Wednesday, October 26, 2022

Boris Johnson's 2019 purge will haunt the Tories for years to come

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If Rishi Sunak was meant to offer a fresh start, then his first cabinet was deeply disappointing. There was little sign of a cabinet of all the talents, made possible by the soothing of old enmities, beyond the return of Michael Gove.

In fact it's hard not to be depressed at many of the names he brought back or kept on yesterday: Gavin Williamson, Suella Braverman, Dominic Raab, Thérèse Coffey.

If you try to come up with a list of four more encouraging names, you are likely to come up with something like: David Gauke, Dominic Grieve, Justine Greening, Rory Stewart.

Trouble is, none of that four is still in the Commons. All were among the 21 Conservative MPs who lost the whip in September 2019 for, in effect, voting against a no-deal Brexit.

Gauke  and Grieve stood as Independents in the general election later that year, while the other two did not defend their seats under any label.

It's clear that Boris Johnson's 2019 purge will continue to hurt his party for years to come, and not just because it cannot spare people of that talent.

If the Conservative Party is to have a future that does not involve a permanent shift to being the English Nationalist Party, then at some point the moderates are going to have to fight back.

And if they are going to do so, those moderates and the party as a whole will need a leader - a Tory version of Neil Kinnock, if you will.

It's possible to imagine that such a figure can be found among the four names I chose. It's much harder to imagine he or she is to be found in Sunak's new cabinet.


Anonymous said...

Your point here is spot on. But one quibble... Dominic Grieve did attempt to defend his Beaconsfield seat, as an Independent, and the Lib Dems didn't put up a candidate. He came second, with 29%, to the official Tory's 56%.
Historically, Beaconsfield often had Liberals in second place, and looks like it could have been one where the Lib Dems became really competitive in the '90s, although for whatever reason they didn't. Former Liberal candidates include Stephen Lloyd and Paul Tyler. Paul Tyler came second in in 1982 by-election, beating the Labour candidate, who was a certain Tony Blair. Dr A.

Phil Beesley said...

Change in the Conservative Party will be difficult because it has stuffed the parliamentary benches with people who know how to argue and cajole, not necessarily how to analyse and reflect.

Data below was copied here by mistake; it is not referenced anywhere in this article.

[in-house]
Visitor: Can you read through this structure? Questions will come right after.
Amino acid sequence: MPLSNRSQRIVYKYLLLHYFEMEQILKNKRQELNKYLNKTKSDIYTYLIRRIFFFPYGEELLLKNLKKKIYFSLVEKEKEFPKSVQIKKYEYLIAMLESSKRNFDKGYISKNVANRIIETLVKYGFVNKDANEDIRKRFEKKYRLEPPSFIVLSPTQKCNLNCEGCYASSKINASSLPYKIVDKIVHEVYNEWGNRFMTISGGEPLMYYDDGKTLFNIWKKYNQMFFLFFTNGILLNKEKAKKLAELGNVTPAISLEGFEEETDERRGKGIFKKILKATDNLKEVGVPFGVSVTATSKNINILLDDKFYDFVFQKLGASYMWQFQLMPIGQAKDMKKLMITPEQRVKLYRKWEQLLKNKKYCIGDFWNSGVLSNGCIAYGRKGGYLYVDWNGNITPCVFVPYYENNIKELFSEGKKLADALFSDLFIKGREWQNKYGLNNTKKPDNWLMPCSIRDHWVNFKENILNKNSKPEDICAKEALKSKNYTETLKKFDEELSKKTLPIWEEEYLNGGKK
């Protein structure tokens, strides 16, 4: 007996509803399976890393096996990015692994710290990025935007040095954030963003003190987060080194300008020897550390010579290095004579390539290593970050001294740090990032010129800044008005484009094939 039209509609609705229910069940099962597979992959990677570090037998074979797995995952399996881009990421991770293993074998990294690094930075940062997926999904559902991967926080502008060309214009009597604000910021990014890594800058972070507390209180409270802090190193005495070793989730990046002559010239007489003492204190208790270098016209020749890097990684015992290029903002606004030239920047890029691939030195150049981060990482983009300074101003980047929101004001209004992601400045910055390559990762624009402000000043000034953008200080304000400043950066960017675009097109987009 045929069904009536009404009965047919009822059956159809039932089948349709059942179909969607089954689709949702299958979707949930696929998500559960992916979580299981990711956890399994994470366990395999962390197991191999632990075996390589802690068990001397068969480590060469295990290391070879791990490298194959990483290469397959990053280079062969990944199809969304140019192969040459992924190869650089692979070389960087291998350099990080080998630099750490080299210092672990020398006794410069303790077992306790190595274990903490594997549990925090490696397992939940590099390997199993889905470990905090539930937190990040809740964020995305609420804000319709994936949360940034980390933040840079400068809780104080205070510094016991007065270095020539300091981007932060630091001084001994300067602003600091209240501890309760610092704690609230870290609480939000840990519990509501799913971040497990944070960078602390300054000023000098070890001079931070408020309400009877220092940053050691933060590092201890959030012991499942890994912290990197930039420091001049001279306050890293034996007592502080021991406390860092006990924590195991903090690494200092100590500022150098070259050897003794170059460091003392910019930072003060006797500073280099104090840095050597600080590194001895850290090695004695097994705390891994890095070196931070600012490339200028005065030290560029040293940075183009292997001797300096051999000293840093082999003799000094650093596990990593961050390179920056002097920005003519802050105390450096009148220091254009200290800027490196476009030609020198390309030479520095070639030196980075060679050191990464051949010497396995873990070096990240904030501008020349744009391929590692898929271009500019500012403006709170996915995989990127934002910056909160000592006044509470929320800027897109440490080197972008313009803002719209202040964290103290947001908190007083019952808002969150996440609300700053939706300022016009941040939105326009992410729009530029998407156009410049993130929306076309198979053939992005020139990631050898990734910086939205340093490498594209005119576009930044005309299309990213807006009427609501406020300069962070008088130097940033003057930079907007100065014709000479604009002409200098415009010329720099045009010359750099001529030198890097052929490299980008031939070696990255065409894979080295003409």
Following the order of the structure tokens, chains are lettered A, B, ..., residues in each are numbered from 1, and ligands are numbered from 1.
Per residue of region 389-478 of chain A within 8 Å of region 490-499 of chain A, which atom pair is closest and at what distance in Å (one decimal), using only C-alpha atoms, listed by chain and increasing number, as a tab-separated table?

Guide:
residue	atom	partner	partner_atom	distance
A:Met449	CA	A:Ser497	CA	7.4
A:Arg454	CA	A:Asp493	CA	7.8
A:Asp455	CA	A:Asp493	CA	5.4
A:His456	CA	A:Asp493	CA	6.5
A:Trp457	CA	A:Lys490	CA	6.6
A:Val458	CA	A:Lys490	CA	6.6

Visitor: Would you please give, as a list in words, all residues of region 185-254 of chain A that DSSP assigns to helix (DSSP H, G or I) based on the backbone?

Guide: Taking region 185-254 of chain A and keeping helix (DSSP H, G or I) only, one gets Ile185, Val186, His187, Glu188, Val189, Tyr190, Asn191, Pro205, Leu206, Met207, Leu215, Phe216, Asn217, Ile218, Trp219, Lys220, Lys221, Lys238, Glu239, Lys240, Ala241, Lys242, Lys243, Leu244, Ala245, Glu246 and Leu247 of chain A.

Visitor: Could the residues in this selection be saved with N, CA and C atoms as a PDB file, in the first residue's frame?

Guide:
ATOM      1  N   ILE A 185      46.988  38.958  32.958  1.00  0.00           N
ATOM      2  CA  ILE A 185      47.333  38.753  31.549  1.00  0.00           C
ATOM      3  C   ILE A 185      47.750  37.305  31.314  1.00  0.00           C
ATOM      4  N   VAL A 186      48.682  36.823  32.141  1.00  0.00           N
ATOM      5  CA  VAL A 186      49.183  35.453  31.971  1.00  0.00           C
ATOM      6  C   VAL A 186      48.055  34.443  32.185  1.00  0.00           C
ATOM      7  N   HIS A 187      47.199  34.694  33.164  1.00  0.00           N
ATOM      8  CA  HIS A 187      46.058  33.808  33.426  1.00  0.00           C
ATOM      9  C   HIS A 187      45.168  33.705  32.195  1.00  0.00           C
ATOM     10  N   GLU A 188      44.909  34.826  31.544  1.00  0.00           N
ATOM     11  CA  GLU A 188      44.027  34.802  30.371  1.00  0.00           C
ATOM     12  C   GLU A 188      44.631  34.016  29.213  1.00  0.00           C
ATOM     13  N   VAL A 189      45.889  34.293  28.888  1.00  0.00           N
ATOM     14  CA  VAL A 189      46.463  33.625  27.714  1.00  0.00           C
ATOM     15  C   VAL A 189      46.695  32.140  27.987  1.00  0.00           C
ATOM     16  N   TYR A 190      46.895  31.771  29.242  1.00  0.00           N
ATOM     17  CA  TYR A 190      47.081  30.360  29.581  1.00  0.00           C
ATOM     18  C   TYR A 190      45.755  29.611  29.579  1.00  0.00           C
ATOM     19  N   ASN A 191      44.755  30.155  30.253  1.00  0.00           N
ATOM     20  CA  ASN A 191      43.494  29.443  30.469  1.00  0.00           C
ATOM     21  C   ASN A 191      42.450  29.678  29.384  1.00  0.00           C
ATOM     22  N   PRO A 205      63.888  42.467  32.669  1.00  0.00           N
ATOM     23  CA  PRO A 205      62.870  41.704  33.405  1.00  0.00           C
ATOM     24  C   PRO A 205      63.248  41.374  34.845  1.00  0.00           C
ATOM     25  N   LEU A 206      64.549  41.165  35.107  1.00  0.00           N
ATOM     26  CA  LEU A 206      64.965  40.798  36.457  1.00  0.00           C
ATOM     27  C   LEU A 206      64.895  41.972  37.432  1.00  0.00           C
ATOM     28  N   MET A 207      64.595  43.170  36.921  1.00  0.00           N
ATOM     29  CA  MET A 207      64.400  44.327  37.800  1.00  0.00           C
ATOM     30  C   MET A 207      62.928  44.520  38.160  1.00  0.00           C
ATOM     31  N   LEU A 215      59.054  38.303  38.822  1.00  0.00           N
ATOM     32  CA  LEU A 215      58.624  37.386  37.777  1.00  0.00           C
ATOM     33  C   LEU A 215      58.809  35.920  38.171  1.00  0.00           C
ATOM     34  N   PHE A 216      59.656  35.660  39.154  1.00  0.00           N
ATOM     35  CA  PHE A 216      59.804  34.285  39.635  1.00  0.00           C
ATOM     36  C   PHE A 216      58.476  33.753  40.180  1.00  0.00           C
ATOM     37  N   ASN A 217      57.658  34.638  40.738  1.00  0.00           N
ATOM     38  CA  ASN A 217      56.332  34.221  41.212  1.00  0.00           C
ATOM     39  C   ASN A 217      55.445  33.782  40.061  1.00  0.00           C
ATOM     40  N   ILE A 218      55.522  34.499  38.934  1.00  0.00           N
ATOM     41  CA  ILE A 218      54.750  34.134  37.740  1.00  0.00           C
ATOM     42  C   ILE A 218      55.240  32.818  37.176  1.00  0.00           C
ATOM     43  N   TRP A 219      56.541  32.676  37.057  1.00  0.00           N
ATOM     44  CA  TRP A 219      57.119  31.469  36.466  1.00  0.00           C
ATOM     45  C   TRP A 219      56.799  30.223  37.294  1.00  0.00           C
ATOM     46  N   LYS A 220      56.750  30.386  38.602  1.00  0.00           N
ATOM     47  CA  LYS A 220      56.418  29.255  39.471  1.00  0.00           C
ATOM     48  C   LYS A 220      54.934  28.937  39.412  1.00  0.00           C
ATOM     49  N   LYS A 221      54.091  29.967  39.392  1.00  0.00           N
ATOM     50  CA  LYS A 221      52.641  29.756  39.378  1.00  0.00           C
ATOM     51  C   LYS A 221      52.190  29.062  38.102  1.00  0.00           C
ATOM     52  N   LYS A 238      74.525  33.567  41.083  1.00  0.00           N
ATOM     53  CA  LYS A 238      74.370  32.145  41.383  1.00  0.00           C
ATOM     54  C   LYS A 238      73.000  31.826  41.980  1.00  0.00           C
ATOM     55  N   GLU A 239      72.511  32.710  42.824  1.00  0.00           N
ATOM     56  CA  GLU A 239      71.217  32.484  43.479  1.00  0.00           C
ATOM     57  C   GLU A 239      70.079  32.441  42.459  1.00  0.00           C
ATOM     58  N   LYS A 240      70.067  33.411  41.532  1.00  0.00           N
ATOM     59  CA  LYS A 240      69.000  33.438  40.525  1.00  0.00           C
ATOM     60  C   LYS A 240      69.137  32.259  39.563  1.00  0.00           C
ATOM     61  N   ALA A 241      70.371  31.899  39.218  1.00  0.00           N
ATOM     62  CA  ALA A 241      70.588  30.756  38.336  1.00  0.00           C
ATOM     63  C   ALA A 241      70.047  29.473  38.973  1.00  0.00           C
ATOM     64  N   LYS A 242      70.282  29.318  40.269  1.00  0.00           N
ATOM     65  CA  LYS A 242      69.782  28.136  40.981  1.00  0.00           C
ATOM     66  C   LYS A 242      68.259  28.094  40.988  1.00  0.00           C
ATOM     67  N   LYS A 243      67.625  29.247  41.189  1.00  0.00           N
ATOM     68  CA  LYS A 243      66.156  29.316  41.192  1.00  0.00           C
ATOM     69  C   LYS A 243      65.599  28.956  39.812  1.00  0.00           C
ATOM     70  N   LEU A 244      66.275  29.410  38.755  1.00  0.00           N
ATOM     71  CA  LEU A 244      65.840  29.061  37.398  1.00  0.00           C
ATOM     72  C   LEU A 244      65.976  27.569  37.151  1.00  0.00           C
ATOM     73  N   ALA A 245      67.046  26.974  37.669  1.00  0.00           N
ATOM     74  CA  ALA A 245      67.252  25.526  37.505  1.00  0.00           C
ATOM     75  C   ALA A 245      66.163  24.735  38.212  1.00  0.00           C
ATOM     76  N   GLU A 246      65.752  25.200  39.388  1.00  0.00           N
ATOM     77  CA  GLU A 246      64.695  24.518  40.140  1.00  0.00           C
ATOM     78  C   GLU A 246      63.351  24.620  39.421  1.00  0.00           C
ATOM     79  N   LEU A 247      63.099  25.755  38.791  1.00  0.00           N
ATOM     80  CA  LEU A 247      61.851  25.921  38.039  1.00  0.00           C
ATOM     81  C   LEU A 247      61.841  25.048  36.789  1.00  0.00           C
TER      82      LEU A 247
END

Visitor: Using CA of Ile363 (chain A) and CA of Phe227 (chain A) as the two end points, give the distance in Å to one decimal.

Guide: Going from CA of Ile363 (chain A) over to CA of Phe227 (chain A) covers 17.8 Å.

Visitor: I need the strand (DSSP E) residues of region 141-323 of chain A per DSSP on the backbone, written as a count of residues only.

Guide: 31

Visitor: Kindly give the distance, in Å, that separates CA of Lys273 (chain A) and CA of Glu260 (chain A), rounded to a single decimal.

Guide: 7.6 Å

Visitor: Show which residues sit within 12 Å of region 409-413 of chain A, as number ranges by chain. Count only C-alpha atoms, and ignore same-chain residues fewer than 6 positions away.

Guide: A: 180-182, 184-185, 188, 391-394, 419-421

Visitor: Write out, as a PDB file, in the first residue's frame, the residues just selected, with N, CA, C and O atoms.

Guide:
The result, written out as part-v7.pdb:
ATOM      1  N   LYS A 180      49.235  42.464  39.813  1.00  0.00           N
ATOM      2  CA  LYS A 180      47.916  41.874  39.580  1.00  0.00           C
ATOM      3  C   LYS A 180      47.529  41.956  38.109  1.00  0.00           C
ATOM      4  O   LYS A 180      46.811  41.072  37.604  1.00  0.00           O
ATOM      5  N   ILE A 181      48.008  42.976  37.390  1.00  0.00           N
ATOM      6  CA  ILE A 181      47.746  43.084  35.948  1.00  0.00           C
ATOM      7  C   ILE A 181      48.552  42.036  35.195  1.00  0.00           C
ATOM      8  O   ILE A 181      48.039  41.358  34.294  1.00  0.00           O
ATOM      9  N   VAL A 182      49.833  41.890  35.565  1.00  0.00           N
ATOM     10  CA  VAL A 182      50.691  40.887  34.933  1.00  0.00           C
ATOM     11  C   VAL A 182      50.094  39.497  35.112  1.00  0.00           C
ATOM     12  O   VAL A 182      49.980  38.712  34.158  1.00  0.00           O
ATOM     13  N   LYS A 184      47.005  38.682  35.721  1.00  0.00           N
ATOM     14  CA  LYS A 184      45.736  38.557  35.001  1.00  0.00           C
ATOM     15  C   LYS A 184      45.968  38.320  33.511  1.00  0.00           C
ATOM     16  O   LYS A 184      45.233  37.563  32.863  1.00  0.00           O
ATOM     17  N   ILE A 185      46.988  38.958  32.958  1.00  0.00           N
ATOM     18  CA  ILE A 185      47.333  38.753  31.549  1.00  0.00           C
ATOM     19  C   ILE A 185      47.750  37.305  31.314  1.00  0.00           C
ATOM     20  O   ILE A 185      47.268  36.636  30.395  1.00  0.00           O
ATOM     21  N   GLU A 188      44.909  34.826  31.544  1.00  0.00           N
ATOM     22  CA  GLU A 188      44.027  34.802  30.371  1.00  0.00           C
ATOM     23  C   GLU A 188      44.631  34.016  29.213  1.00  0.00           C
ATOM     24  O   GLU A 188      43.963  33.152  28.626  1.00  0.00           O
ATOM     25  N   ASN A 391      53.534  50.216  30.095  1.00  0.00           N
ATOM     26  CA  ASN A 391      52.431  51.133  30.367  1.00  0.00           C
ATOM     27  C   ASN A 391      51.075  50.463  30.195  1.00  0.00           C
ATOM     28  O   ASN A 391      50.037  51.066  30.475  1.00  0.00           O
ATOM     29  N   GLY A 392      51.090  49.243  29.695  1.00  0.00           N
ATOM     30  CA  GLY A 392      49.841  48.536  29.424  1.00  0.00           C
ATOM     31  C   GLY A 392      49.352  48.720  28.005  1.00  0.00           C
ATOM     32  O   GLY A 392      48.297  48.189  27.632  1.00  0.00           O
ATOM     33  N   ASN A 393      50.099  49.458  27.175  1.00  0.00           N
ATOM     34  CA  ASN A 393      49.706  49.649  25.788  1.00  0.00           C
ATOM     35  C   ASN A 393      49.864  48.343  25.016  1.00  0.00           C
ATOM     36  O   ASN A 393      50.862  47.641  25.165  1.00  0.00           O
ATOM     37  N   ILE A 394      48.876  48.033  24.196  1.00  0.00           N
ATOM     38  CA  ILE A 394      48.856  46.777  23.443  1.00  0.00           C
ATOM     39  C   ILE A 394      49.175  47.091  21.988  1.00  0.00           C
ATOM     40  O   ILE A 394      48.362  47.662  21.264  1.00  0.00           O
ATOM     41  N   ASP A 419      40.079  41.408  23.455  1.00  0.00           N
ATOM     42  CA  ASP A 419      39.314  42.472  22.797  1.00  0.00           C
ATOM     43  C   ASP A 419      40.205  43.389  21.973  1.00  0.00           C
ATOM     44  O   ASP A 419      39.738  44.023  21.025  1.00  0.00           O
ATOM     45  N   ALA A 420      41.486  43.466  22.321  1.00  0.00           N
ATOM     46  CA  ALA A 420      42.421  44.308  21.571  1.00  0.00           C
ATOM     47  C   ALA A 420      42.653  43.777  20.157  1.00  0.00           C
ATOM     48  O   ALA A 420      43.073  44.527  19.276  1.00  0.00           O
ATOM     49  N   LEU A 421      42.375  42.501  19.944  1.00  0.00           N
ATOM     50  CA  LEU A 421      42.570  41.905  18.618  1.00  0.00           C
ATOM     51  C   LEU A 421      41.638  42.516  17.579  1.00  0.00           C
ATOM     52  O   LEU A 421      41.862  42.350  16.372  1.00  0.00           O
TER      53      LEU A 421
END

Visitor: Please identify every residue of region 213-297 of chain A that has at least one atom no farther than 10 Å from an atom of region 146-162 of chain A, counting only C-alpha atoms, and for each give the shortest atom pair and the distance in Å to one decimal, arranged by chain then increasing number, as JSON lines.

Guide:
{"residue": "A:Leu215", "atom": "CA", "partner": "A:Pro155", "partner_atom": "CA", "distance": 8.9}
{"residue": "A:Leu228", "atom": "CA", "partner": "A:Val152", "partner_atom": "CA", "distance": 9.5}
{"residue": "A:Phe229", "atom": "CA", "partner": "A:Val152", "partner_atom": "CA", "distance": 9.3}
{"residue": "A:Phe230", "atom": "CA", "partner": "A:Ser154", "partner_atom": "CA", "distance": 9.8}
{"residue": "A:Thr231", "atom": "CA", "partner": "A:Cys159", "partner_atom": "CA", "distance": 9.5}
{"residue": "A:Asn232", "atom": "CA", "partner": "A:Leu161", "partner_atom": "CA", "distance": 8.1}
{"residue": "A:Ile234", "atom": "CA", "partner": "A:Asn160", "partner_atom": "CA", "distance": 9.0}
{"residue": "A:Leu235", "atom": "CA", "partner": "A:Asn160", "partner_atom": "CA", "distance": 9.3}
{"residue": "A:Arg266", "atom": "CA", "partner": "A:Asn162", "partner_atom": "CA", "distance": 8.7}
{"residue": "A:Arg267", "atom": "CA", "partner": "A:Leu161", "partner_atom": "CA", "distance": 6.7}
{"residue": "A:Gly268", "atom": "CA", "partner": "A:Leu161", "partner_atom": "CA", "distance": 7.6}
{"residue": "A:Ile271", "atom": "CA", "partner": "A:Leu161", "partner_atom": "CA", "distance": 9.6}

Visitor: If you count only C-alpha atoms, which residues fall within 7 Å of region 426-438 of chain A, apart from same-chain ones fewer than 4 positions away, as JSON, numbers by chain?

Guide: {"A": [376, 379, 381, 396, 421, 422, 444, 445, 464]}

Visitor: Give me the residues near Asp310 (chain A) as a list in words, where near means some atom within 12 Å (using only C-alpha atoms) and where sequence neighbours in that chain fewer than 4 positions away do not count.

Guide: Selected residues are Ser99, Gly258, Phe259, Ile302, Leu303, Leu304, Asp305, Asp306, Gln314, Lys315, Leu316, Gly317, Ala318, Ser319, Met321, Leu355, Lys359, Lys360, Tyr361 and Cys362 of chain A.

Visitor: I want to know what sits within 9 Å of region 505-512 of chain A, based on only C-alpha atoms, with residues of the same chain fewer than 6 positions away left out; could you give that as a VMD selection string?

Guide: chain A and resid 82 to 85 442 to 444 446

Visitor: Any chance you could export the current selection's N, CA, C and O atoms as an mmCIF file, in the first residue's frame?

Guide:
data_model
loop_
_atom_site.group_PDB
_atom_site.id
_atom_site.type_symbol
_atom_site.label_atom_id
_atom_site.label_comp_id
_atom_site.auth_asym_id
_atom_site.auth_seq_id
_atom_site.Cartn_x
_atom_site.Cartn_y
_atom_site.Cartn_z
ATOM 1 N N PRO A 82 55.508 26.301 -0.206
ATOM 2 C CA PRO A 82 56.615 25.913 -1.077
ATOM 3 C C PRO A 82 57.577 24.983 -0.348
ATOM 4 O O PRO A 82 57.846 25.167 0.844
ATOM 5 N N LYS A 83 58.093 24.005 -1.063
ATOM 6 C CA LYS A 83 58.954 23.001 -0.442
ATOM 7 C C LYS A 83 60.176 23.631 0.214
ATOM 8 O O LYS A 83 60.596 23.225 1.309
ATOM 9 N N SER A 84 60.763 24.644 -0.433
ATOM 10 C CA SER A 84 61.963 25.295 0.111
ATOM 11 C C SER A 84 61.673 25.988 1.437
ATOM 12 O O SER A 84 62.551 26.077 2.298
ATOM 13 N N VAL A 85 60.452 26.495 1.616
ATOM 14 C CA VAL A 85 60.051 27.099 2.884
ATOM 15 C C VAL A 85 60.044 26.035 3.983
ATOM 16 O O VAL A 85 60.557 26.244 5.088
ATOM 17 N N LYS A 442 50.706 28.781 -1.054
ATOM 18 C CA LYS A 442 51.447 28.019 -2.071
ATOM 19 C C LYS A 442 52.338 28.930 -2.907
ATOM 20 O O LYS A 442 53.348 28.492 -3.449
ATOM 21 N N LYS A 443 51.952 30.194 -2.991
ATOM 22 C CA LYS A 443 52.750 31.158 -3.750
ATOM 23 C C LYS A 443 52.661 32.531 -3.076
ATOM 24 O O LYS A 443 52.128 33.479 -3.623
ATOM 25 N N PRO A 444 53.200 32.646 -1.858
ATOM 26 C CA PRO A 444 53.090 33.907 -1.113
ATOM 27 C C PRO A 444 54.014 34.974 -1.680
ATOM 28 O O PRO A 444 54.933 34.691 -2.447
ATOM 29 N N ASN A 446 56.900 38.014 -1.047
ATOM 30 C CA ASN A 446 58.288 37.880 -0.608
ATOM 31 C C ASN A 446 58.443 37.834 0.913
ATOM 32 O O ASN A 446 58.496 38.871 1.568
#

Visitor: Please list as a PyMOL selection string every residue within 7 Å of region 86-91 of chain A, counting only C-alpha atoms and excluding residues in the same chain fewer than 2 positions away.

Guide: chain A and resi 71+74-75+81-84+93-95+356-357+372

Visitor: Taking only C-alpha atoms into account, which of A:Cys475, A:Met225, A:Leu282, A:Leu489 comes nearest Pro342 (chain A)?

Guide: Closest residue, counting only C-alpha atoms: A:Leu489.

Anyone wishing to become a Conservative MP or candidate has to convince a local party to back them. Even if Johnson hadn't wiped out a couple of dozen MPs from the "decent" wing of the party, they'd have been replaced by headbangers eventually. The Conservative Party is probably beyond the point when "decents" are numerous enough to drag it back to Christian Democrat-ish politics.

Jonathan Calder said...

Doc: Thank you - the perils of writing from memory as you get older. I have edited the post so it is accurate.

Phil: You may be right - I just hope the Tories pay an electoral price for this change.

Phil Beesley said...

It's about the voters though. Rishi and Liz both won the party eventually, two different sides, and maybe that matters in constituencies with active activists.

There are loads of educated posh people who shake their heads when Suella Braverman is appointed to any post higher than Pencil Monitor. Lots of votes which won't turn into seats, and a handful of maybes, are on offer.

Conservative politics is in a feedback loop. All of the daft stuff is fed back into mainstream Tory politics, which generates more nonsense.

Matt Pennell said...

A couple of points:

1) Don't forget the huge amount of talent that defected from the Conservatives to the Lib Dems in 2019 - losing Heidi Allen, Sam Gymiah, Phillip Lee and Antoinette Sandbach has left a massive void yet to be filled.

2) Boris Johnson's shabby treatment of Nicholas Soames caused his nephew, popular TV historian and art critic Gideon Soames, to rip up his party membership and start briefing against the Tories on the South Downs national park dinner party circuit. Expect to see a collapse in vote in that part of the world